this.email = email;
	public String getAge() {
		return age;
	public void setAge(String age) {
		this.age = age;

4. Create a controller

The Controller is where the DispatcherServlet will delegate requests. The @Controller annotation indicates that the class serves the role of a Controller. The @RequestMapping annotation is used to map a URL to either an entire class or a particular handler method.

The Controller consists of two basic methods, a GET method, which is String initForm(Model model) and a POST method, which is String submitForm(Model model, @Valid Form form, BindingResult result). The first method creates and returns to the "form" view a new instance of the Form.java class. The second method gets the Form object created in the form. Form is annotated with the @Valid annotation, which allows the form object to be validated with the validation annotations set in the Form.java class. BindingResult is where all validation errors are automatically passed, so it can be used to decide the next navigation step. If there are no errors, the validation is successful, so the method returns the String representation of the successForm.jsp page, and the form object is passed at the Model. Otherwise, the returned String is the String representation of the form.jsp page, which also has the error messages, as will be shown below.


package com.javacodegeeks.snippets.enterprise.form;
import javax.validation.Valid;
import org.springframework.stereotype.Controller;
import org.springframework.ui.Model;
import org.springframework.validation.BindingResult;
import org.springframework.web.bind.annotation.RequestMapping;
import org.springframework.web.bind.annotation.RequestMethod;
import com.javacodegeeks.snippets.enterprise.form.model.Form;
public class FormController {
	@RequestMapping(method = RequestMethod.GET)
	public String initForm(Model model) {
		Form form = new Form();
		model.addAttribute("form", form);
		return "form";
	@RequestMapping(method = RequestMethod.POST)
	public String submitForm(@Valid Form form, BindingResult result) {
		String returnVal = "successForm";
		if(result.hasErrors()) {
			returnVal = "form";
		return returnVal;

5. Create a view

We make use of the form:form tag. Its method property is set to POST, and the commandName property is set to the name of the backing bean that is binded to the Model, which is the Form.java class.

The form:input tag is used to create all the input fields, with its path property set to every field binded to it. The form:errors tag defines where the error message of the specified field will be displayed in the view. Finally, the input tag, with type property set to submit is used for the submit button.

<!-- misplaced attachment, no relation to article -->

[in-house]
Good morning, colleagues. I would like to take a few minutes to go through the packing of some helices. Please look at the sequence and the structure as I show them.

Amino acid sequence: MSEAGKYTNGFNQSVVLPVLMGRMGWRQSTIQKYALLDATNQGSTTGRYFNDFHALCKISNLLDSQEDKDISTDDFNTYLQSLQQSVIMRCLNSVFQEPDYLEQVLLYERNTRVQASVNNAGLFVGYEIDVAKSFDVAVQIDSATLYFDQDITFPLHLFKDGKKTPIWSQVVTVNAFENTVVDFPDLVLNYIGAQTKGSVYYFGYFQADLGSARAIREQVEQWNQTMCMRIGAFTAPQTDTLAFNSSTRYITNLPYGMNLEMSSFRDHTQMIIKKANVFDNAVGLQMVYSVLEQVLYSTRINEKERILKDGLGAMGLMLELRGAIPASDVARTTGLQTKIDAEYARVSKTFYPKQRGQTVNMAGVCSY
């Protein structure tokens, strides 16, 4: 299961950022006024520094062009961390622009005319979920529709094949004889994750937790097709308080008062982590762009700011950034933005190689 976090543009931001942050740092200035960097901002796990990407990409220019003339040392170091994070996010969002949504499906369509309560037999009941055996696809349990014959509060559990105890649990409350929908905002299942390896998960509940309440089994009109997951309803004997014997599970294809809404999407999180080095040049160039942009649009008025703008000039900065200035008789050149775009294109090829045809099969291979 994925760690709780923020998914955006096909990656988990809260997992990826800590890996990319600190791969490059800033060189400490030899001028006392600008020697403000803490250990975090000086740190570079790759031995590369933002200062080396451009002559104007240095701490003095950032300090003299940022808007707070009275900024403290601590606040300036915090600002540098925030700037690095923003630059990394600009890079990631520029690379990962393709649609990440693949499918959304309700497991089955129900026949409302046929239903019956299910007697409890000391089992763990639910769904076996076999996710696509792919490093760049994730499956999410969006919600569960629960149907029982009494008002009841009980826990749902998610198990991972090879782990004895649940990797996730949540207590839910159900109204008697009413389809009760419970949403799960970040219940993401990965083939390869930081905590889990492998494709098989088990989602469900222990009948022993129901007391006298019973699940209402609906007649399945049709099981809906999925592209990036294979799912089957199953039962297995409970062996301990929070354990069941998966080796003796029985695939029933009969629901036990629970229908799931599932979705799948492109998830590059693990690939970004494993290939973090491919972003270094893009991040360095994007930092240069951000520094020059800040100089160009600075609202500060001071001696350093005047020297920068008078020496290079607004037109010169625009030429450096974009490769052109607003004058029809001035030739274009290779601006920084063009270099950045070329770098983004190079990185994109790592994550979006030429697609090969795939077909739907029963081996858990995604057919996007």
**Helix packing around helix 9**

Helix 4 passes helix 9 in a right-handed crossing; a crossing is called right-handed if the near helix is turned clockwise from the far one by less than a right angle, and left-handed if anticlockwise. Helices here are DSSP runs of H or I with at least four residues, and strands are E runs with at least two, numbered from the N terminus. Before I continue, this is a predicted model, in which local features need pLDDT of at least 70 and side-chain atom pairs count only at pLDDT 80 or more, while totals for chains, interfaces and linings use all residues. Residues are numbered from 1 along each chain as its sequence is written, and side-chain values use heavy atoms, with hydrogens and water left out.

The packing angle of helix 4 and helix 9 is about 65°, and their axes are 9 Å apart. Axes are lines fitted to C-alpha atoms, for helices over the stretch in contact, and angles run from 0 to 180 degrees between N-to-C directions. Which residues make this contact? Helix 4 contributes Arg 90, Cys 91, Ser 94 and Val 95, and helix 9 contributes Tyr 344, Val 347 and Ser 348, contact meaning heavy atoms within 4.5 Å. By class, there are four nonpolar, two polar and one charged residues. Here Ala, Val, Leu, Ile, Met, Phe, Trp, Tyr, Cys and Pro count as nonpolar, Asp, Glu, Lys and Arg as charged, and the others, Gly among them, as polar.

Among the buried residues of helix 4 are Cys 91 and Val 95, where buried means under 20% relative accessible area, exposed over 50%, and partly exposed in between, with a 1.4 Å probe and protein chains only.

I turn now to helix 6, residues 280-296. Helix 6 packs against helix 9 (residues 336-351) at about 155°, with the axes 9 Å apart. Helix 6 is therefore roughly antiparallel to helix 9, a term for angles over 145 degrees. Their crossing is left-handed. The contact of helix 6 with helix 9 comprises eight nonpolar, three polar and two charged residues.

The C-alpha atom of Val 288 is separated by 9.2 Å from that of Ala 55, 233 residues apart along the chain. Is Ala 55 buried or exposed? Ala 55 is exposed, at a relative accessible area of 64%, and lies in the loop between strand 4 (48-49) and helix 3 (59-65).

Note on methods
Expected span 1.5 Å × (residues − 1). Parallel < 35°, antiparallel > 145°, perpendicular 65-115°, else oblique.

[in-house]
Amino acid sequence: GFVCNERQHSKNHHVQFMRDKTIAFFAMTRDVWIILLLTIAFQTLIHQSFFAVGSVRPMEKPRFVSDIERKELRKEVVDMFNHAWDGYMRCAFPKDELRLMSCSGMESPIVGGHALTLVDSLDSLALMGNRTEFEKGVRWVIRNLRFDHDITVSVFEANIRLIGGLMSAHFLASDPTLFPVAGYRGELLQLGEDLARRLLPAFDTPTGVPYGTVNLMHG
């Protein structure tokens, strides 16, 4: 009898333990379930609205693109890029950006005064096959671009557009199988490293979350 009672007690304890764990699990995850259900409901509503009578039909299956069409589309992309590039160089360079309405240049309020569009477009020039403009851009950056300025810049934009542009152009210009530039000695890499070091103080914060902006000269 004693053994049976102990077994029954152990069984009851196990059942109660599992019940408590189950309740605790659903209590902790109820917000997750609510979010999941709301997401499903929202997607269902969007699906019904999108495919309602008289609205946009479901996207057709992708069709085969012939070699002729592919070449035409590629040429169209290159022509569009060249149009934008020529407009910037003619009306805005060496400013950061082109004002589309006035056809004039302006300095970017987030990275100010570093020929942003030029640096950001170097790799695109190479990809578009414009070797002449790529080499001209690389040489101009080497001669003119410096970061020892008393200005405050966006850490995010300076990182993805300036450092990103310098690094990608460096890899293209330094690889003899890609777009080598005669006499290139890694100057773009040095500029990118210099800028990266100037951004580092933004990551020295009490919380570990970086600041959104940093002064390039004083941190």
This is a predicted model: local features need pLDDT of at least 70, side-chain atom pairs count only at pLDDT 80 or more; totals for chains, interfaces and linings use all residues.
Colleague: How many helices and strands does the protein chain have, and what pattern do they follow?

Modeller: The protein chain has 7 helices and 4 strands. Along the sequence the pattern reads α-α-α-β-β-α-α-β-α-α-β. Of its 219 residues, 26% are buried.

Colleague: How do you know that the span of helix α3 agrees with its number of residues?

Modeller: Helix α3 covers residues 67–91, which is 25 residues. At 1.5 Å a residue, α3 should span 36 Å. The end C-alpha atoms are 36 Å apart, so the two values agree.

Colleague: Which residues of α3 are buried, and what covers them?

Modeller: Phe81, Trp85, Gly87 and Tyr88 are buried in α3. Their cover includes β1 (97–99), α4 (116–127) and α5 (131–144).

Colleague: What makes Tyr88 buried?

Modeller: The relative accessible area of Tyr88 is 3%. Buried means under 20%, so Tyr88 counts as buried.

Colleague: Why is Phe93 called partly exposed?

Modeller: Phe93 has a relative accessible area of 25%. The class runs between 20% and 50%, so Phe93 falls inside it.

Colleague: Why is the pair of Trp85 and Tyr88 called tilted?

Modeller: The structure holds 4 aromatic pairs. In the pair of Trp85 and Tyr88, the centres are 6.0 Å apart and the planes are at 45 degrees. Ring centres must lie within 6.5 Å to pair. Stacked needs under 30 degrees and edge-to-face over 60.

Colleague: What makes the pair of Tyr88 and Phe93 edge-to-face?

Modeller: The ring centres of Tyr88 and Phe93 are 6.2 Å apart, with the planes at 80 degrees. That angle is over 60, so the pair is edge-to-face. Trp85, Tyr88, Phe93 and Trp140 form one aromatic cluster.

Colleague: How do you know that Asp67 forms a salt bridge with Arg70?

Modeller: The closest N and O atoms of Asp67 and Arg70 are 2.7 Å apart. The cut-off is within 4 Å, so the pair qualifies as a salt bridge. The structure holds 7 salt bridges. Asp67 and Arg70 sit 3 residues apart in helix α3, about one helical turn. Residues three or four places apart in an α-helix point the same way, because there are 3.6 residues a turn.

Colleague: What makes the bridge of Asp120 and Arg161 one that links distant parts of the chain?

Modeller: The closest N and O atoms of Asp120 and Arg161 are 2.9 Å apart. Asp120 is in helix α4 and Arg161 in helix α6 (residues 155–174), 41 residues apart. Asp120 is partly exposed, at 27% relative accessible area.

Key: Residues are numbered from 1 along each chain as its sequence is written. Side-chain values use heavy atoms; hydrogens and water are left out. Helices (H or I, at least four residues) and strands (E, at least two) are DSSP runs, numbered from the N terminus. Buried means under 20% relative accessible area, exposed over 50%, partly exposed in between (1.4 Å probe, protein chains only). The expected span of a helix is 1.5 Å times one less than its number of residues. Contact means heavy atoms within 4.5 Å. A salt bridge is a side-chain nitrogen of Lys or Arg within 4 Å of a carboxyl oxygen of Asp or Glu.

<%@ taglib prefix="form" uri="http://www.springframework.org/tags/form"%>
<title>Spring MVC form submission</title>
	<h2>Fill your form!</h2>
	<form:form method="POST" commandName="form">
				<td>Enter your name:</td>
				<td><form:input path="name" /></td>
				<td><form:errors path="name" cssStyle="color: #ff0000;"/></td>
				<td>Enter your lastname:</td>
				<td><form:input path="lastname" /></td>
				<td><form:errors path="lastname" cssStyle="color: #ff0000;" /></td>
				<td>Enter your password:</td>
				<td><form:input path="password" /></td>
				<td><form:errors path="password" cssStyle="color: #ff0000;" /></td>
				<td>Enter your zip:</td>
				<td><form:input path="zip" /></td>
				<td><form:errors path="zip" cssStyle="color: #ff0000;" /></td>
				<td>Enter your email:</td>
				<td><form:input path="email" /></td>
				<td><form:errors path="email" cssStyle="color: #ff0000;" /></td>
				<td>Enter your age:</td>
				<td><form:input path="age" /></td>
				<td><form:errors path="age" cssStyle="color: #ff0000;" /></td>
				<td><input type="submit" name="submit" value="Submit"></td>

When validation succeeds, the page below will be rendered:


<title>Spring MVC form submission</title>
Form successfully submitted.

6. Configure the application

The files that we must configure in the application are the web.xml file and the mvc-dispatcher-servlet.xml file. You can check how to configure these files in detail here.

7. Run the application

Now, let’s run the application. We first build the project with Maven and place the .war file produced in webapps folder of tomcat. Then, we can start the server.

Hit on:


Press the submit button before having entered any values:

failed validation

As a result all validation messages are rendered. Now complete your form correctly and press on submit button:

successful validation

The form is submitted sucessfully.

8. Download the Eclipse Project

This was an example of how to use Hibernate for validation.

You can download the full source code of this example here: HibernateValidatorExample